Wednesday, December 05, 2012
MOVIES MADE ME #52: True Romance (1993)
It's not hard to understand why a young movie geek would fall in love with TRUE ROMANCE. It's a movie that boldly asserts that even a socially-inept goofball (who spends all his time rhapsodizing about Spiderman #1 and fucking Elvis) is capable of, and deserving of, true intimacy. It's as naive and yet as sincere as any teenager falling in love with the world one movie, one novel, one comic book, one song, one restaurant, one human being at a time.
Writer Quentin Tarantino imported his own personal passions (for Elvis, Sonny Chiba, too much sugar in his coffee, etc.) into the character of Clarence, a comic shop manager who meets the love of his life and suddenly finds himself in the middle of an Elmore Leonard-style variation on BONNIE & CLYDE or BADLANDS. Clarence is a fuck-up, but his love for spitfire call girl Alabama is as pure as the driven snow. He'll do anything for her... and that includes killing without remorse.
There are plenty of ways Tarantino could have told this anarchic story of two young lovers. In the mid-1990s, it was natural to compare it to David Lynch's WILD AT HEART (1991) or Oliver Stone's NATURAL BORN KILLERS (1994). Tarantino also provided the story for the latter, but Stone re-wrote the script and shifted the focus from character drama to the filmmaker's own heavy-handed statement on violence in the media. (Don't get me wrong: NBK is an amazing movie, but it's not endearing in the way that TRUE ROMANCE is.) WILD AT HEART is also a deeply personal statement about searching for a source of light in an increasingly dark world. Lynch has said that it was his reaction to the L.A. riots, his way of saying, "Can't we all just get along?" Speaking for myself, I can't really imagine getting along with Nic Cage and Laura Dern in that movie. I'd rather steer clear.
Clarence and Alabama may be naive as hell, but they have a contagious joie de vivre that makes them likeable even when they're killing people. While watching the movie last night, my wife astutely compared it to the vampire flick NEAR DARK. Death and destruction follow Clarence and Alabama the same way they follow Caleb and Mae in NEAR DARK, and yet the young lovers in both films somehow manage to retain their romantic innocence. In fact, I'd have to say that TRUE ROMANCE is Quentin Tarantino's most unashamedly heart-on-its-sleeve movie, in spite of the fact that he didn't direct it.
Producer Bill Unger wanted Tarantino to direct TRUE ROMANCE as a followup to RESERVOIR DOGS, but Tarantino declined, saying he'd written the script so long ago that it would be like marrying an old girlfriend. Tony Scott brings a very different directorial style to the story -- he relies more on edits for kinetic energy -- but he clearly understands the value of the dialogue and characterizations in the script... and, in light of Tarantino's cachet after RESERVOIR DOGS, he had no trouble assembling a stellar cast of character actors to deliver the goods.
What I realized while watching the movie last night is that every significant character is as passionate about something as Clarence and Alabama are about each other. Gary Oldman's pimp is passionate about power-play. He relishes psychoanalyzing and intimidating Clarence as much as he likes his eggrolls. Dennis Hopper, in addition to having such a strong devotion to his wayward son that he's willing to die for him, relishes insulting Christopher Walken. He does it quietly, casually, methodically (and in the most aggressively un-PC way), which shows how much he enjoys it. He's as restrained as Oldman is over-the-top. You can also see Walken's admiration for the man he's going to kill. He appreciates the calculated brilliance of Hopper's insult, and he appreciates how rare it is for people to maintain the courage of their convictions. James Gandolfini demonstrates the same type of appreciation in the scene where he beats Alabama to a bloody pulp. Once it becomes clear that she will keep fighting until her dying moment, he becomes surprisingly somber. "You got a lot of heart, kid," he says quietly, no doubt thinking that it will be a shame to snuff out that light. Of course, he finds out the hard way that it's not easy to snuff out a four-alarm fire. And that, I think, is what this movie is all about.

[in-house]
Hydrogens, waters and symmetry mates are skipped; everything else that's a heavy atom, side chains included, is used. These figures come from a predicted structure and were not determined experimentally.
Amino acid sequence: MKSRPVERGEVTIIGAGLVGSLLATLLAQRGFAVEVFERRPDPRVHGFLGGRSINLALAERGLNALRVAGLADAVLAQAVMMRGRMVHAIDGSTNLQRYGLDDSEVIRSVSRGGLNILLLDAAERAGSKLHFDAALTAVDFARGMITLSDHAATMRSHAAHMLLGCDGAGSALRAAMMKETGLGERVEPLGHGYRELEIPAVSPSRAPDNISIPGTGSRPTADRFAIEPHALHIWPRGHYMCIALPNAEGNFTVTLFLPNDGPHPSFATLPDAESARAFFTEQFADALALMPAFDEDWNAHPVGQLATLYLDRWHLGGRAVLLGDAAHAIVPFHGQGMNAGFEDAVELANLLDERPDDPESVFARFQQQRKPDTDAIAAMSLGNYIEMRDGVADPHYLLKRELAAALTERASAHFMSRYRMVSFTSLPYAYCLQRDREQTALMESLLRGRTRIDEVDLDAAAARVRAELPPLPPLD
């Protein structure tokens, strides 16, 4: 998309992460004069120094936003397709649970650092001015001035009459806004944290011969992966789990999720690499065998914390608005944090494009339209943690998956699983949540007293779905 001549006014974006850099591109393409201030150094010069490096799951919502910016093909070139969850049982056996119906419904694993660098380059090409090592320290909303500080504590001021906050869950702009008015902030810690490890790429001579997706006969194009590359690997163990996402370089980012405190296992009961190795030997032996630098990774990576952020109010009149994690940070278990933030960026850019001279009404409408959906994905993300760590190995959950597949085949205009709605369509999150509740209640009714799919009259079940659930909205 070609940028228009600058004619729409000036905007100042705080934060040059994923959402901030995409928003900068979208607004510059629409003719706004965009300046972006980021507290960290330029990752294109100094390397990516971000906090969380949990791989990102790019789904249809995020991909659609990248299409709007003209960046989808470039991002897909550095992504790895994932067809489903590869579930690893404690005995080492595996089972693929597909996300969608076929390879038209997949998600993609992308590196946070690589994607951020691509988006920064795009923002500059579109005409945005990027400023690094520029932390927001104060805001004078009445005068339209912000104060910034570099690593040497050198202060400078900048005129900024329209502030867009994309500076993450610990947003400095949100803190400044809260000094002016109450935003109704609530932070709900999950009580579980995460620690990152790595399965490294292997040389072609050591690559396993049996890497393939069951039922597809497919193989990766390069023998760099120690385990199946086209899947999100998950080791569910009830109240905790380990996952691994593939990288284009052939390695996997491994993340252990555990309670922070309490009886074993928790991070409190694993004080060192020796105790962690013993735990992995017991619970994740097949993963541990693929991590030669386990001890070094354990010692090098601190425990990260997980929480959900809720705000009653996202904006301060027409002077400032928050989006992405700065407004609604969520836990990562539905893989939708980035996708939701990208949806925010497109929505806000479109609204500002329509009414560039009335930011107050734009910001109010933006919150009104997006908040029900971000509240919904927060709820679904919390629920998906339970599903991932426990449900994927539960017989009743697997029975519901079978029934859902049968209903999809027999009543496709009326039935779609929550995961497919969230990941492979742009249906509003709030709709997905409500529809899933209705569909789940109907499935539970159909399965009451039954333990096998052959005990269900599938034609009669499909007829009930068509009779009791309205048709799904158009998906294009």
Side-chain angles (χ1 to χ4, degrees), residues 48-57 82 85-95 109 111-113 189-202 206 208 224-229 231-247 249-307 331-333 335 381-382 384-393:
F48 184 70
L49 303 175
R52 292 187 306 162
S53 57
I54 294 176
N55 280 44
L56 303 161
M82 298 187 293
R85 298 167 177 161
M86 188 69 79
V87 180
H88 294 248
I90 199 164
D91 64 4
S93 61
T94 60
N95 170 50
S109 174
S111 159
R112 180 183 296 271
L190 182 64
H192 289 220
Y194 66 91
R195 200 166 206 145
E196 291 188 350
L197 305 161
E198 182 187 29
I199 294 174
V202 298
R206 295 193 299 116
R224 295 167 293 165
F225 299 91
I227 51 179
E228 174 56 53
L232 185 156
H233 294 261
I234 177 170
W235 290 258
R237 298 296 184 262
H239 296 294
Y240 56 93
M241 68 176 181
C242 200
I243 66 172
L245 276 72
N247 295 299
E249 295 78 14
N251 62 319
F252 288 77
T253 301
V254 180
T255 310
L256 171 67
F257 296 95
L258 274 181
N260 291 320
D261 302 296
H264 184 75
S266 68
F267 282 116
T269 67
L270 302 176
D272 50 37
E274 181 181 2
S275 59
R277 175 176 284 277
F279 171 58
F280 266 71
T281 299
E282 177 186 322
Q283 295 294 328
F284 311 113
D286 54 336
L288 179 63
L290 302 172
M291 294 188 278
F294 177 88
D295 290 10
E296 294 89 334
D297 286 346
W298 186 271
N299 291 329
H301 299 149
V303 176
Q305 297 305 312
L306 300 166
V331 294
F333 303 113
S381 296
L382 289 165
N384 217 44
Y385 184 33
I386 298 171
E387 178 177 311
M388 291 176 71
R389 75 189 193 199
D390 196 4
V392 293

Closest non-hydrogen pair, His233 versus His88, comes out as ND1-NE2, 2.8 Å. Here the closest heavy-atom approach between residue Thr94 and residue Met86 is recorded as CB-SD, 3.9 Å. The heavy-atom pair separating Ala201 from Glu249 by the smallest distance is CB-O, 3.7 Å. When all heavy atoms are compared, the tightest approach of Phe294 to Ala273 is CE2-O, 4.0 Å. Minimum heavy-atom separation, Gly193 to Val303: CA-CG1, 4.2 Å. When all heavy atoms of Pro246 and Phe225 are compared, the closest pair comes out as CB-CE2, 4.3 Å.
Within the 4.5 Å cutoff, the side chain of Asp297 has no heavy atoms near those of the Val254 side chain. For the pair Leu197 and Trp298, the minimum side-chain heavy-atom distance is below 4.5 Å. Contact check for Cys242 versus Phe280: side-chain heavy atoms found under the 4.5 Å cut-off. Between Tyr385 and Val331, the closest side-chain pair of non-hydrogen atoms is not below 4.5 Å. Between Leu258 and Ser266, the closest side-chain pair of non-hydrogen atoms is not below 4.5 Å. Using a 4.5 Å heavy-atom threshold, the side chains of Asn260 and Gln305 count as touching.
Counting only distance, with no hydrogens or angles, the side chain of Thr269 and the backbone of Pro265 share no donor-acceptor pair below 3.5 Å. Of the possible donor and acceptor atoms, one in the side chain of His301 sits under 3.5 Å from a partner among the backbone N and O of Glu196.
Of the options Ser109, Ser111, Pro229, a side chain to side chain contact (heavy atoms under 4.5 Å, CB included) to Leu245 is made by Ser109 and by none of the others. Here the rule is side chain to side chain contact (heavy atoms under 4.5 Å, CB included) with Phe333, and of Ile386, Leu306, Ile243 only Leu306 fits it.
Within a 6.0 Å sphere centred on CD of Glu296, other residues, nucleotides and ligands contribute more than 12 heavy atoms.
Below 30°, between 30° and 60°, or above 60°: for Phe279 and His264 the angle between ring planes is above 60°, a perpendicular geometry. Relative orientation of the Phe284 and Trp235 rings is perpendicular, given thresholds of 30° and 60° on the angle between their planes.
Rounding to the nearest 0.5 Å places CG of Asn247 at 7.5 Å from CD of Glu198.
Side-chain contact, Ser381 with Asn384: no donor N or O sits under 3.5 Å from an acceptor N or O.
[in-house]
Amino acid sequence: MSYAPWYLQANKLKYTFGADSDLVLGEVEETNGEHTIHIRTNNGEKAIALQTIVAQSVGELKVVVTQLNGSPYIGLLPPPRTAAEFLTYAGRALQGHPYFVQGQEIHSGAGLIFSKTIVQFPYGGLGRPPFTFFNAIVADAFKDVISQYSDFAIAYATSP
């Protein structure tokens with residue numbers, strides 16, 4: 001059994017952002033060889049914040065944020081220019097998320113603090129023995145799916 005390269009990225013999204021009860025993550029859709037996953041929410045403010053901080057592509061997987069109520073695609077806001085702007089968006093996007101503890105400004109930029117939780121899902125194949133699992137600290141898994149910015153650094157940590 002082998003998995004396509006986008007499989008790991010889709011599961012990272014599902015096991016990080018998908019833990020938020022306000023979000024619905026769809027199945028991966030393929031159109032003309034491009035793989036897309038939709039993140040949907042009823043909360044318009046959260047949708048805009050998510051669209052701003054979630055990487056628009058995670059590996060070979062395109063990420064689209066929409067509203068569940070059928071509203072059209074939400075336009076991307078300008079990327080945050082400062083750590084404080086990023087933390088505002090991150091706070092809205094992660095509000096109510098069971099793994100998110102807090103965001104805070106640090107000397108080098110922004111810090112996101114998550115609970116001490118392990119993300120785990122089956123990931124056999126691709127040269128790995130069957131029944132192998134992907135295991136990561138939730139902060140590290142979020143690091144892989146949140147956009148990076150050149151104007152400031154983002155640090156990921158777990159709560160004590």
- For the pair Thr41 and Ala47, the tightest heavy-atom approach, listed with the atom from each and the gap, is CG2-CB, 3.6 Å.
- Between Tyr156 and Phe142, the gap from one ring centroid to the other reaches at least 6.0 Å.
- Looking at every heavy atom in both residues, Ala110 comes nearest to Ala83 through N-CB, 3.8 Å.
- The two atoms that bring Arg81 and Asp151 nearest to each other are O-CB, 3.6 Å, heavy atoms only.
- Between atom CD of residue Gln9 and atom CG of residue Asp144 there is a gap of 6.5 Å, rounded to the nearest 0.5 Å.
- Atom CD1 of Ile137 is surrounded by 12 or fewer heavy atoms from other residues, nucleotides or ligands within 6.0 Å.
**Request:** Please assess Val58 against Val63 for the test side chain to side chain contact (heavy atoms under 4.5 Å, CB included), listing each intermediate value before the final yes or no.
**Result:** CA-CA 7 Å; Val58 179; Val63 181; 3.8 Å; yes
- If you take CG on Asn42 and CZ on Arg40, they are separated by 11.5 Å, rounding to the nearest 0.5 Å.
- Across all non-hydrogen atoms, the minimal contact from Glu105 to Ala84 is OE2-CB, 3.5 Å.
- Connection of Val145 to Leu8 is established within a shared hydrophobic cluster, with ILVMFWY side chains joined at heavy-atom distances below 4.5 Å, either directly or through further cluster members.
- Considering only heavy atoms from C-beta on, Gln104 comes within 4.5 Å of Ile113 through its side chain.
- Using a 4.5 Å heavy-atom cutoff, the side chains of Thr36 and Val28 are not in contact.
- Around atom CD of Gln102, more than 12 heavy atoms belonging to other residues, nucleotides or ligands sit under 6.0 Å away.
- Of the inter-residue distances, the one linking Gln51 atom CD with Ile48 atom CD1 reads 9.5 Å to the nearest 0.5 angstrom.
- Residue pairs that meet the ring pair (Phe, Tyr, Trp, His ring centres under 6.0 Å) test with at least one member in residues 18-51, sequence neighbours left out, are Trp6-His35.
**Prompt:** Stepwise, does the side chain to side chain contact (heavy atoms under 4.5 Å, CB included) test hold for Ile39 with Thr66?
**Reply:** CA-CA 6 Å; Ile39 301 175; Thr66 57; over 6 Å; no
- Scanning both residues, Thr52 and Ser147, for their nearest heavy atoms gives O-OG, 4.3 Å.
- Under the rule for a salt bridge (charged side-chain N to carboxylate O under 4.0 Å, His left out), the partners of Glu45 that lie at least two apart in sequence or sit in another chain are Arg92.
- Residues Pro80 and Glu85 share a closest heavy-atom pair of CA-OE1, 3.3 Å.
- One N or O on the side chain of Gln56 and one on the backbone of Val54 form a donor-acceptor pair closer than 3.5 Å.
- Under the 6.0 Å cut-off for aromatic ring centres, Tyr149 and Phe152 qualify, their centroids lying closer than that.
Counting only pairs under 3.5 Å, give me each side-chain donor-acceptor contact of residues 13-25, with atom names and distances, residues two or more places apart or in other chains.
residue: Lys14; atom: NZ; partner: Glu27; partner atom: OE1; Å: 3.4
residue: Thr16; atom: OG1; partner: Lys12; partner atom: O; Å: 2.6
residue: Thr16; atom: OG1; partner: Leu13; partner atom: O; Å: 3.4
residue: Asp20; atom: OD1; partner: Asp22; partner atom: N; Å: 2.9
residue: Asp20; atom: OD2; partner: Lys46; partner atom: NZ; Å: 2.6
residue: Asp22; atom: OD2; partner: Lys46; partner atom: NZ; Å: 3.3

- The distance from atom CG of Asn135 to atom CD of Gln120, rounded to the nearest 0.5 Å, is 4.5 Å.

Like RESERVOIR DOGS, this is an actor's movie and even the minor roles / characters get their moment to shine. Michael Rappaport, Brad Pitt, Bronson Pinchot, Saul Rubinek, Tom Sizemore, Chris Penn and Val Kilmer all turn in brief but distinctive performances. As a viewer, I like these characters... all of them. They're all having fun. They're all enjoying their lives. For that reason, even though their world is full of violence and mayhem, I like being in this world with them.
Tarantino's only quibble with the movie is the ending. Tony Scott changed the final note so that TRUE ROMANCE resonates as a kind of crazy fairy tale, instead of a hyper-charged slice of life. Scott's rationale was simple: He liked Clarence and Alabama too much to rip them apart. The ending doesn't seem false to me -- partly because the lighthearted score of Hans Zimmer has suggested all along that we're watching a movie where sincerity and passion can tilt the scales of justice. And then there's Alabama's voiceover: "I kept asking Clarence why our world seemed to be collapsing and things seemed to be getting so shitty. And he'd say, 'That's the way it goes, but don't forget, it goes the other way too.'" Throughout the movie, this note just feels right... because, like the characters, the movie has a lot of heart.
Labels: Quentin Tarantino